Agile

The Past, Present, and Future of Test Automation

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I’ve been a software developer for many years. I’ve seen two major transformations: one is the transition between frontend and backend code. The other is in release cycles and speed.

Frontend-backend code

During the mainframe era, most code resided on the server, moving to the client when personal computers came into play. It shifted back to the servers with the web, and in the last five years, we’re seeing code shifting back to the client side as Single Page Applications (SPA) become more popular (and I assume most of you already heard of Angular or React or Ember or Vue and list goes bigger every day).

For back-end testing, most find API testing sufficient as it tests with high fidelity most of the server code. Unit Tests weren’t popular until recent years

As for front-end testing, little code resided on the client side, and API (backend) testing covered most of the app’s code. Many companies historically relied on manual testing. Automation was expensive due to 5 main reasons:

  1. Highly trained people – they are developers in any way: They write complicated code; They spring VMs and browsers on and off and deal with large scale when it comes to performance testing.
  2. Finding great developers is hard. Finding great developers who want to write test automation for a living has the same chances of Shaquille O’Neal not missing a single free throw in ten consecutive shots. 40% of a test automation person time is spent on authoring tests (1).
  3. High maintenance – In the agile world, UI changes are frequent, This implies that changing the UI requires changes in the UI-tests. 30% of a test automation person time is spent on maintaining tests (1).
  4. Long ramp-up – it usually takes weeks or months until you have a dozen of tests.
  5. Few environments. The OS and browsers were not as dispersed as today. Windows ruled the Desktop world, and IE had 95% market share.

In the last five years, we’re seeing code shifting back to the client side as Single Page Applications (SPA) become more popular (and I assume most of you have already heard of AngularJS or ReactJS or Ember.js or Vue.js, and the list goes bigger every day) as well as mobile.

Nowadays, a huge part of any project resides in the frontend. Not only did past challenges remain, the plot thickens as we have more environments (e.g. mobile and tablet), more Operating Systems (Window & Mac are both popular), and more browsers to support (IE11, Chrome, Safari, Firefox, Opera, Edge, not to mention old versions of IE.. may it rest in peace already). Also, the maintenance of front end tests has only improved marginally in recent years and is still as high as 30%.

To mimic a user interaction, you must first locate the element you wish to act upon. There are two major approaches to locate an element:

  • Visual based – look at the pixels
    Frameworks such as Sikuli use that technique, but it’s super fragile, as render per OS/browser/display-adapter will generate different pixels. Some display adapters are non-deterministic in nature. To have stable tests you must be a computer vision guru.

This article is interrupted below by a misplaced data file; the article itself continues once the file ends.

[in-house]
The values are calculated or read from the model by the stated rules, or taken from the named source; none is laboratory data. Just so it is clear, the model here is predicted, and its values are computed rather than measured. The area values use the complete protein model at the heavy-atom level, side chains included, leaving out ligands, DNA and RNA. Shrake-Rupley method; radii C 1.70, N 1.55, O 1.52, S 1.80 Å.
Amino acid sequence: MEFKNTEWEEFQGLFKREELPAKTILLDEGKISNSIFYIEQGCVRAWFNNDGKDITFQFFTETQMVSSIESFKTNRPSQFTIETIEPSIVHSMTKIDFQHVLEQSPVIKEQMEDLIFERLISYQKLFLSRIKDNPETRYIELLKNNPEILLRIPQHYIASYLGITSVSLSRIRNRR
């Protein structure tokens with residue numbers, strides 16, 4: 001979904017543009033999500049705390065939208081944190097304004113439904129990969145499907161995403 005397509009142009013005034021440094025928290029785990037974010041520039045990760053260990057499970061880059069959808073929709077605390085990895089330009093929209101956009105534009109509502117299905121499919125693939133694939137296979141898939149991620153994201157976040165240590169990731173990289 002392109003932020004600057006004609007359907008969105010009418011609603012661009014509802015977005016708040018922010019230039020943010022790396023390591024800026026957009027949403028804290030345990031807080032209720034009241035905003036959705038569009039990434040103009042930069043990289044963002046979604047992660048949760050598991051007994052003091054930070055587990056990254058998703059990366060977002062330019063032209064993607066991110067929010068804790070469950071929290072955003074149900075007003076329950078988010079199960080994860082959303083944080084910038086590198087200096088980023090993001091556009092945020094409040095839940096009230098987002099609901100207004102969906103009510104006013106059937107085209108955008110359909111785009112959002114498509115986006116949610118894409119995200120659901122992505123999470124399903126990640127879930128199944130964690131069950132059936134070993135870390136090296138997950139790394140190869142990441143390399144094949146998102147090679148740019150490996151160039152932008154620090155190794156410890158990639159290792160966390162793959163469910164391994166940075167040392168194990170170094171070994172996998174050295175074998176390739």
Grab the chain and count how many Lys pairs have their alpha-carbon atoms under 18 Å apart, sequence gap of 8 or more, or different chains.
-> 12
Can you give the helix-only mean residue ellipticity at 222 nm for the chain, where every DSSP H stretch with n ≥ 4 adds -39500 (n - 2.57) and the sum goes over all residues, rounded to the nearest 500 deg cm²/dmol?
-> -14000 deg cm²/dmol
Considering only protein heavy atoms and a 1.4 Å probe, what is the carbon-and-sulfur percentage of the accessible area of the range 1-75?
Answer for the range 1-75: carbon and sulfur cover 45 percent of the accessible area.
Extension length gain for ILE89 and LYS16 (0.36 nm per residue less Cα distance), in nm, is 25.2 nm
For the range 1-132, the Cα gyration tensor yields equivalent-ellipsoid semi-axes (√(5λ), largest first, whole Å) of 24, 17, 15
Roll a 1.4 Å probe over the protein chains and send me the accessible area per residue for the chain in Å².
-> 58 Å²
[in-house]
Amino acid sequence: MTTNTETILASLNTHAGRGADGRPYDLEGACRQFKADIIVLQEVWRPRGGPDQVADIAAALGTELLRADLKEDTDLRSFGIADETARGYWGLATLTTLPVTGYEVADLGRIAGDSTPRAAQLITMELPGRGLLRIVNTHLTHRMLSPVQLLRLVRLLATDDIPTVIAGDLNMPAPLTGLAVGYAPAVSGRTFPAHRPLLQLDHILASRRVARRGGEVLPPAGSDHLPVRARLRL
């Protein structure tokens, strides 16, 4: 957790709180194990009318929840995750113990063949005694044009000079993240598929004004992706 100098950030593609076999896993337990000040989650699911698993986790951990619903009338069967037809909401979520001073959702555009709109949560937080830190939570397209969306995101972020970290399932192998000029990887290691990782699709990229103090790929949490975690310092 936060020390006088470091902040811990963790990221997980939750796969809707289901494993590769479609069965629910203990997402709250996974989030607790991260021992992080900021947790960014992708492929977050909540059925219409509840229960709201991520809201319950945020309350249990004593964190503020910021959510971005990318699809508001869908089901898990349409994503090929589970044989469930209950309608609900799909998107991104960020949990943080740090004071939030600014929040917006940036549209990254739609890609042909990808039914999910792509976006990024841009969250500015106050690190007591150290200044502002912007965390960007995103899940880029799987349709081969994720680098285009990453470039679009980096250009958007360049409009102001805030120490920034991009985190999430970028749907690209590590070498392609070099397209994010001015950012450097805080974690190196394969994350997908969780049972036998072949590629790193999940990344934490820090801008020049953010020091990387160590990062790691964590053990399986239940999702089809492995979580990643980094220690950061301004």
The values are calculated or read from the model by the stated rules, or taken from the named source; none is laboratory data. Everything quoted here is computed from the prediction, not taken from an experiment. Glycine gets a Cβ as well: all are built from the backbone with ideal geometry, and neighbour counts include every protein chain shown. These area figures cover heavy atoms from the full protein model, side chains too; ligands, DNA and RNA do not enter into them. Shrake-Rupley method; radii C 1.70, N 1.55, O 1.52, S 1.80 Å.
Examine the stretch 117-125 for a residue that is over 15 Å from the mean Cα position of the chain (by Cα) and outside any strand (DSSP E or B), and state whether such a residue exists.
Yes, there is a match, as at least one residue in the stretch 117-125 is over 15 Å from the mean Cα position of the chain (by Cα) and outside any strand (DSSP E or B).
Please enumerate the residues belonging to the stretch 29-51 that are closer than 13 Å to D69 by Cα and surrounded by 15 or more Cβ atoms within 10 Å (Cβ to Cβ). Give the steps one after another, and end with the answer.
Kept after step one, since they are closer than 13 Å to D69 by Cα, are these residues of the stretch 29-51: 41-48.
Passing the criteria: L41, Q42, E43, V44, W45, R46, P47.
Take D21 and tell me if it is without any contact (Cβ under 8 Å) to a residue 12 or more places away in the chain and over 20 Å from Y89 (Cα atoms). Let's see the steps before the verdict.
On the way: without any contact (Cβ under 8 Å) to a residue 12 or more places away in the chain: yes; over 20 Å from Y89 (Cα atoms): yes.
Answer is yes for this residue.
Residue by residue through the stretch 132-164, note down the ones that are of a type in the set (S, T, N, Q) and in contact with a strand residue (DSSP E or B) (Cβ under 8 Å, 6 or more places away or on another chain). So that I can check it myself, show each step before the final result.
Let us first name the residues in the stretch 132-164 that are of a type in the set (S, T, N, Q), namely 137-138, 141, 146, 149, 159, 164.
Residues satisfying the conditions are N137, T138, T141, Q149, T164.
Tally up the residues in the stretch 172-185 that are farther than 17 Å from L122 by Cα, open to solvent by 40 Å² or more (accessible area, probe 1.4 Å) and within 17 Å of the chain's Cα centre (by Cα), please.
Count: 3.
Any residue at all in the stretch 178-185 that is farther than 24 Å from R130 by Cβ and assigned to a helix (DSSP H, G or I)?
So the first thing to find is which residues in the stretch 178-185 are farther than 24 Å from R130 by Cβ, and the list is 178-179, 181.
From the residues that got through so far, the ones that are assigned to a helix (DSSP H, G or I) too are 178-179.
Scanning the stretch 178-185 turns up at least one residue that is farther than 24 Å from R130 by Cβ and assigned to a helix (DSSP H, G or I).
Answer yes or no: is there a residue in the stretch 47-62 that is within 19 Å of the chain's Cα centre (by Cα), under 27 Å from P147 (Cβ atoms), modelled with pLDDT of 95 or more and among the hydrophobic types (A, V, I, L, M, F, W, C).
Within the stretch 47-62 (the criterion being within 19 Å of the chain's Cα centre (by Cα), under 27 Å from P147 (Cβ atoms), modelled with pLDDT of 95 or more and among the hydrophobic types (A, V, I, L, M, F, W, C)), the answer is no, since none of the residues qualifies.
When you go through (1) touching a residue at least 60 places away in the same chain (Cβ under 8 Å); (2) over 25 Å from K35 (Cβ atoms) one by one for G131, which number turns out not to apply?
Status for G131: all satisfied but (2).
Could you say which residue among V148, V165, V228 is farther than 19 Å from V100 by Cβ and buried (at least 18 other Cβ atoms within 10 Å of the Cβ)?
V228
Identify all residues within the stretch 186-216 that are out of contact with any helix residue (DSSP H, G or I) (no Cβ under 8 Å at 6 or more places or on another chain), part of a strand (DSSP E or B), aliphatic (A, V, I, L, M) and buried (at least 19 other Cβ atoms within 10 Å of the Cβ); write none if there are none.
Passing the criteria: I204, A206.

• Object based – look at the object hierarchy (DOM).
    Frameworks such as Selenium spread like fire. As opposed to twenty years ago, better software design pattern emerged (such as the Page Object) which helped separate the tests’ business logic from the implementation, and urged reuse.

Nonetheless, both approaches have their own complexities.

 

Release cycles

In recent years we have seen a transition from waterfall development to agile. Waterfall cycles were long (e.g. Microsoft releasing a new version of Windows every 2 years), and QA teams would spend months manually testing the software. The short cycles in agile drive the need for automation and Test Driven Development (TDD). The road to automation is still bumpy so some organizations only test the backend via API, while most heavily rely on manual testing. Few claim to have sufficient coverage (both client and server) to release a version knowing it’s completely safe (AKA Continuous Deployment). Lack of proper coverage is risky given the renaissance of code shifting to the frontend and the focus on user experience.

 

Putting it all Together

The latter is the outcome of legacy tools for functional testing that haven’t taken advantage of technological evolution: improved computing power at a lower cost, cloud infrastructure & software as a service, real-time big data processing in microseconds, deep user analytics, and behavioral flows. Combining those technologies and thinking about quality in a different way can help us leapfrog to a future where tests are automatically created with every new feature. Reducing investment in testing yet improving quality and user experience is not a myth. If driving can be autonomous – so can tests. Over the next couple of blog posts I’ll describe the evolution of software development and quality assurance and why it leads to autonomous testing.

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